Iraq War has cast a shadow for too long

A dis­cus­sion about hu­man­i­tar­ian need should in­clude open de­bate about the pos­si­bil­ity of de­ploy­ing troops

The Scotsman - - Perspective -

The 2003 Iraq War casts a long shadow over United King­dom for­eign pol­icy. The blow­back against for­mer prime min­is­ter Tony Blair and those who sup­ported his de­ci­sion to com­mit Bri­tish troops to that con­flict has cre­ated in the cur­rent gen­er­a­tion of po­lit­i­cal lead­ers an ex­treme cau­tion when it comes to mat­ters of mil­i­tary in­ter­ven­tion.

This, in it­self, is no bad thing. The de­ploy­ment of troops must al­ways be the last re­sort. But when the cau­tion of politi­cians means a fail­ure to step in when it is both ap­pro­pri­ate and nec­es­sary, we are on shaky moral ground.

The UK gov­ern­ment and in­ter­na­tional al­lies in­clud­ing France and the US are cur­rently dis­cussing the pos­si­bil­ity of a mil­i­tary re­sponse to the al­leged use by the Syr­ian gov­ern­ment of chem­i­cal weapons in an at­tack that killed more than 40 peo­ple in the town of Douma.

A typ­i­cally hot­headed in­ter­ven­tion by Don­ald Trump via Twit­ter on Wed­nes­day – in which he promised de­ploy­ment of “smart” bombs – set a dif­fi­cult tone. For­tu­nately, by yes­ter­day some of the heat had been taken out of the sit­u­a­tion.

French pres­i­dent Em­manuel Macron, who has pre­vi­ously said the use of chem­i­cal weapons in Syria would rep­re­sent a “red line”, de­clared that he had proof the regime of Bashar al-as­sad was be­hind the at­tack on Douma, but he was cau­tious about the next step, adding only that he would de­cide “in due course” whether to re­spond with air strikes.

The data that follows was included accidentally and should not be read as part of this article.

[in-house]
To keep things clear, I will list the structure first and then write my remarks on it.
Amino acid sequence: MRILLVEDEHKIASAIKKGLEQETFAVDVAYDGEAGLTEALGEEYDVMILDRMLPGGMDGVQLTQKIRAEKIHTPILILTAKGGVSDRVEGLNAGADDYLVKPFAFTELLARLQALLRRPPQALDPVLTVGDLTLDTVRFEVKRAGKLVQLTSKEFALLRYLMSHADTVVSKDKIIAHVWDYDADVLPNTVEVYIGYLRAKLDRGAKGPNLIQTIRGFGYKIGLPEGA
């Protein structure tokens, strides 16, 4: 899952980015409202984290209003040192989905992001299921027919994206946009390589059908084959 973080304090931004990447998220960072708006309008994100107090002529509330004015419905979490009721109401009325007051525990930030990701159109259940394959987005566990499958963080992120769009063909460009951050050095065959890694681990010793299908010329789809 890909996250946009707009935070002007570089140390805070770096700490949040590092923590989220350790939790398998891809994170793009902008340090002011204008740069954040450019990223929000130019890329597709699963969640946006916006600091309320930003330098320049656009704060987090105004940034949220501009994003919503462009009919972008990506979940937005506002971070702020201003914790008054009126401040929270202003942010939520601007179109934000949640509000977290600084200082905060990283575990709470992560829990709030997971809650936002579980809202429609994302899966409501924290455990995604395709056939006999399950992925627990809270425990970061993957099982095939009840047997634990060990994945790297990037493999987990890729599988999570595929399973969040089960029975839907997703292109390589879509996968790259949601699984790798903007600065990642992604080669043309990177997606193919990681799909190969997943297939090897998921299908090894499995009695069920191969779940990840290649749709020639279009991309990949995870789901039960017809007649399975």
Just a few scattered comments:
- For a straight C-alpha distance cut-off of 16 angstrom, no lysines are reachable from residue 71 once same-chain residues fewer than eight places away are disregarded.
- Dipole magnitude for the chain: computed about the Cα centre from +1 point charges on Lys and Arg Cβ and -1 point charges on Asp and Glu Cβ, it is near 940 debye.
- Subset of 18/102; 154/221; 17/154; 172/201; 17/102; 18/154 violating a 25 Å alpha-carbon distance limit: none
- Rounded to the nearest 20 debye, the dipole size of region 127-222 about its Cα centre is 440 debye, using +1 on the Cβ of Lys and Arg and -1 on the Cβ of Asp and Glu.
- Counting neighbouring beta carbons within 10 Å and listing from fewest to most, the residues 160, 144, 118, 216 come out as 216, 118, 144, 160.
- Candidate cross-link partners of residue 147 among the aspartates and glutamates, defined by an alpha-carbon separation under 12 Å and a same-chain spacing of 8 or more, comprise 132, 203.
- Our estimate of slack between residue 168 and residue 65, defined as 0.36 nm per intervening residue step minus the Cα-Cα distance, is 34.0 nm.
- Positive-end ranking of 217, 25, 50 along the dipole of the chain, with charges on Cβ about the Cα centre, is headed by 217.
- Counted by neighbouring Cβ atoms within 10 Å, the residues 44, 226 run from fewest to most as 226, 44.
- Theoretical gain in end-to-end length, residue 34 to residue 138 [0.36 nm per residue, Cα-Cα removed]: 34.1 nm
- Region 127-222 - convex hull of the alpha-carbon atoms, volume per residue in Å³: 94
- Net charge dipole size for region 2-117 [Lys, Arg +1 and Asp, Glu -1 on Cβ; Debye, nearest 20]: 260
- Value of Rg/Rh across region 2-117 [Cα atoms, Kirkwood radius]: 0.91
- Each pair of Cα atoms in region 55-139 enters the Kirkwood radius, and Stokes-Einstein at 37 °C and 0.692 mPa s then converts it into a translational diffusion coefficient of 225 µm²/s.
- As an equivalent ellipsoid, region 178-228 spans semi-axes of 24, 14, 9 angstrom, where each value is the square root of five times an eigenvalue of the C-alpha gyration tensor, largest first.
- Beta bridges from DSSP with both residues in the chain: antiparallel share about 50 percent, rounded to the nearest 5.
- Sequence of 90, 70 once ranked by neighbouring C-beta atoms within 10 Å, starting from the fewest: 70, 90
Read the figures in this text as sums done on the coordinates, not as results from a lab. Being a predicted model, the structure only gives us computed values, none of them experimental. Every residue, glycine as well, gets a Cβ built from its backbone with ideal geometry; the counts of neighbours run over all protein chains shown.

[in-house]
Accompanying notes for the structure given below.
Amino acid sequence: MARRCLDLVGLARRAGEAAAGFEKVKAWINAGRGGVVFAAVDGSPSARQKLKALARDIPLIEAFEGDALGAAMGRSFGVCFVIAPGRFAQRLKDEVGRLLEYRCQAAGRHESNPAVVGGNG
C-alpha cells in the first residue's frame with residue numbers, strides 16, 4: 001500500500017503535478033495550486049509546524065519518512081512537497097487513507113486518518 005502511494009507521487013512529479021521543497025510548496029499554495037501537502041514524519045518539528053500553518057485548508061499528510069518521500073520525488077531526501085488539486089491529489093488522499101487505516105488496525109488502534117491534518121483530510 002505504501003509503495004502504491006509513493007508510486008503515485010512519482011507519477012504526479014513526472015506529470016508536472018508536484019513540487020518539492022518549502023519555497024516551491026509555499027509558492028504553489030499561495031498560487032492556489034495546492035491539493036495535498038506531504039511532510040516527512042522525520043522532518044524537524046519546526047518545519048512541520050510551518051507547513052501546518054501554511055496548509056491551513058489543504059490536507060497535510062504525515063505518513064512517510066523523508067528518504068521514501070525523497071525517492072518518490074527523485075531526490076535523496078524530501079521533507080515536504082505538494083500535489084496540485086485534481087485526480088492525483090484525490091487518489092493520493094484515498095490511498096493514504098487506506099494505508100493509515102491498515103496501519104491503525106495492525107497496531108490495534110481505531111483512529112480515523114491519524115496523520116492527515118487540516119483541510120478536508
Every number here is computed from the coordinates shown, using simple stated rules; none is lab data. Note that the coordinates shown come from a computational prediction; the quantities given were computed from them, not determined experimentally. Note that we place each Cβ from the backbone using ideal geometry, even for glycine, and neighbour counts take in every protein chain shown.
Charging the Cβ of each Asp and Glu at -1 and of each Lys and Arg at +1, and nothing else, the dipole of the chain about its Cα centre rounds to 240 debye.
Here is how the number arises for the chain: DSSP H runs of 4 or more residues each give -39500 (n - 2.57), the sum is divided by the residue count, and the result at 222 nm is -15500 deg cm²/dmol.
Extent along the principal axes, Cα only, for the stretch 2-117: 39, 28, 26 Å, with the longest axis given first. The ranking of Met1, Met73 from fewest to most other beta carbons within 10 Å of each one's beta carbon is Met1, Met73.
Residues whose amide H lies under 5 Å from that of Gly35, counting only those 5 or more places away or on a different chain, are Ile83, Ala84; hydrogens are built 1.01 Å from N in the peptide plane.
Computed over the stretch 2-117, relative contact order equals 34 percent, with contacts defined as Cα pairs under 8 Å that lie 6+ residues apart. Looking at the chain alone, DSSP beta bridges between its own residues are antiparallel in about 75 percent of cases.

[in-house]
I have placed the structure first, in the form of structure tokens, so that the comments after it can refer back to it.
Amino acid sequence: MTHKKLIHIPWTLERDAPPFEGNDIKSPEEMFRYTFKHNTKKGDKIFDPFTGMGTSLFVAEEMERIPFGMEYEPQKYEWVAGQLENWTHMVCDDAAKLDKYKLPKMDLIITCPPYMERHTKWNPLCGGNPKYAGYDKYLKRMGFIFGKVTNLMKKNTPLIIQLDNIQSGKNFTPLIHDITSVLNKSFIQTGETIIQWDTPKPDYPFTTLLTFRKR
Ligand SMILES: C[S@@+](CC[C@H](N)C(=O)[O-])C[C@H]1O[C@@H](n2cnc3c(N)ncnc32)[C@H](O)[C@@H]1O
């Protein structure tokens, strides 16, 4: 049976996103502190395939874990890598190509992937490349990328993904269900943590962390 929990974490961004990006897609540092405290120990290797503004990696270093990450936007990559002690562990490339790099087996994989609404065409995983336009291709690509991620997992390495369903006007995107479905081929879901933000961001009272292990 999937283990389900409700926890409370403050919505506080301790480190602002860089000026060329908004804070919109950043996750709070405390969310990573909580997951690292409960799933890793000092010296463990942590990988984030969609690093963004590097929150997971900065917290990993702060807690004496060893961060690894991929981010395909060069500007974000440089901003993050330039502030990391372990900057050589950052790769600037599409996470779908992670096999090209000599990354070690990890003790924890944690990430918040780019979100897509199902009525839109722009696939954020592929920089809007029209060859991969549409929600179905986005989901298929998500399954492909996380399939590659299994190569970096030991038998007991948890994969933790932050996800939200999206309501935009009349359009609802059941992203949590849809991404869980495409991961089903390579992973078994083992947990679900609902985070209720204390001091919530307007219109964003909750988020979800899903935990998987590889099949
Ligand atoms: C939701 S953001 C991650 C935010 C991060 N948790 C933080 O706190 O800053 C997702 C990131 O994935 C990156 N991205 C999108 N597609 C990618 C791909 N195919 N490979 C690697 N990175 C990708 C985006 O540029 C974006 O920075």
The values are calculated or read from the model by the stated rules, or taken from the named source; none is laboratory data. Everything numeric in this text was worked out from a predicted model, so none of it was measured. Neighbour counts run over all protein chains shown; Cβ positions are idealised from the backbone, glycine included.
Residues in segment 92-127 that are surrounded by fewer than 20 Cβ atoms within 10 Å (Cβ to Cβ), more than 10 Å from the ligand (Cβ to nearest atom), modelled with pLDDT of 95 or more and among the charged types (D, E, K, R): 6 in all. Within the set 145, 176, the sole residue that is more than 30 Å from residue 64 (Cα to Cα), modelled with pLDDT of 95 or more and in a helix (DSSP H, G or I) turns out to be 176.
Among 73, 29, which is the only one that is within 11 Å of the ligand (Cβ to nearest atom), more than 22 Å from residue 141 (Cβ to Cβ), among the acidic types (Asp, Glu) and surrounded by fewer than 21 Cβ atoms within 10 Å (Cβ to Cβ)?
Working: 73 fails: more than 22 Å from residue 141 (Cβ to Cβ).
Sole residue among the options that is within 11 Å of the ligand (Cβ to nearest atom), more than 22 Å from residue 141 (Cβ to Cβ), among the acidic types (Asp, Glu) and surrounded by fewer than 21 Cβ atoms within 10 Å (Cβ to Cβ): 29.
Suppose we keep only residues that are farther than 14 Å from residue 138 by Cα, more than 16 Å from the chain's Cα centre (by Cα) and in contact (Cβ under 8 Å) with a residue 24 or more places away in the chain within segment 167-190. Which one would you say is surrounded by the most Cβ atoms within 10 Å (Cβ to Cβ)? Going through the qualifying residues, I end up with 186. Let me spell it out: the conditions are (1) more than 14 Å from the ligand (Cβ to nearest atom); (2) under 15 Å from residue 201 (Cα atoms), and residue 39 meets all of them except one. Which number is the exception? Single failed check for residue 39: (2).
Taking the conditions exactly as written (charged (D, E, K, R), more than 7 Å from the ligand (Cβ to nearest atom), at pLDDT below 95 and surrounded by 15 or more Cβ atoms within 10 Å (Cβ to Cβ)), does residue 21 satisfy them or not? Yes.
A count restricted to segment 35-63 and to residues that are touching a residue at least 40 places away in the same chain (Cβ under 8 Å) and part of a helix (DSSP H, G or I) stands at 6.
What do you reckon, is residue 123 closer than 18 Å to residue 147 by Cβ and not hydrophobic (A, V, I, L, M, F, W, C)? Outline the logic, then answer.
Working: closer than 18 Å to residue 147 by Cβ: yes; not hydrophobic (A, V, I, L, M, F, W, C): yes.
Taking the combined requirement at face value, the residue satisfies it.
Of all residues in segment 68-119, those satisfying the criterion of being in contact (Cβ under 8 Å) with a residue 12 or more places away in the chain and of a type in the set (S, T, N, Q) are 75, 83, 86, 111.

Labour leader Jeremy Corbyn has asked for a full in­tel­li­gence brief­ing on the sit­u­a­tion in Syria. He also wants any de­ci­sion on mil­i­tary in­ter­ven­tion to be put to a par­lia­men­tary vote.

Nat­u­rally, many who favour Bri­tain’s in­volve­ment in strikes against the As­sad regime will be deeply scep­ti­cal about Mr Corbyn’s in­ten­tions. He was, af­ter all, once chair­man of the Stop the War Coali­tion, which con­demns mil­i­tary ac­tion by western gov­ern­ments.

This lack of trust is at the heart of politi­cians’ in­abil­ity to move on from the Iraq War when dis­cussing pos­si­ble de­ploy­ment of Bri­tish troops. A com­mon char­ac­ter­is­tic of those who felt strongly ei­ther way about the 2003 in­ter­ven­tion is the be­lief that those with whom they dis­agree are act­ing in bad faith.

It is time for our na­tional de­bate to get past Iraq and for politi­cians to hon­estly as­sess the mer­its of ac­tion on the ba­sis of hu­man­i­tar­ian need rather than po­lit­i­cal risk.

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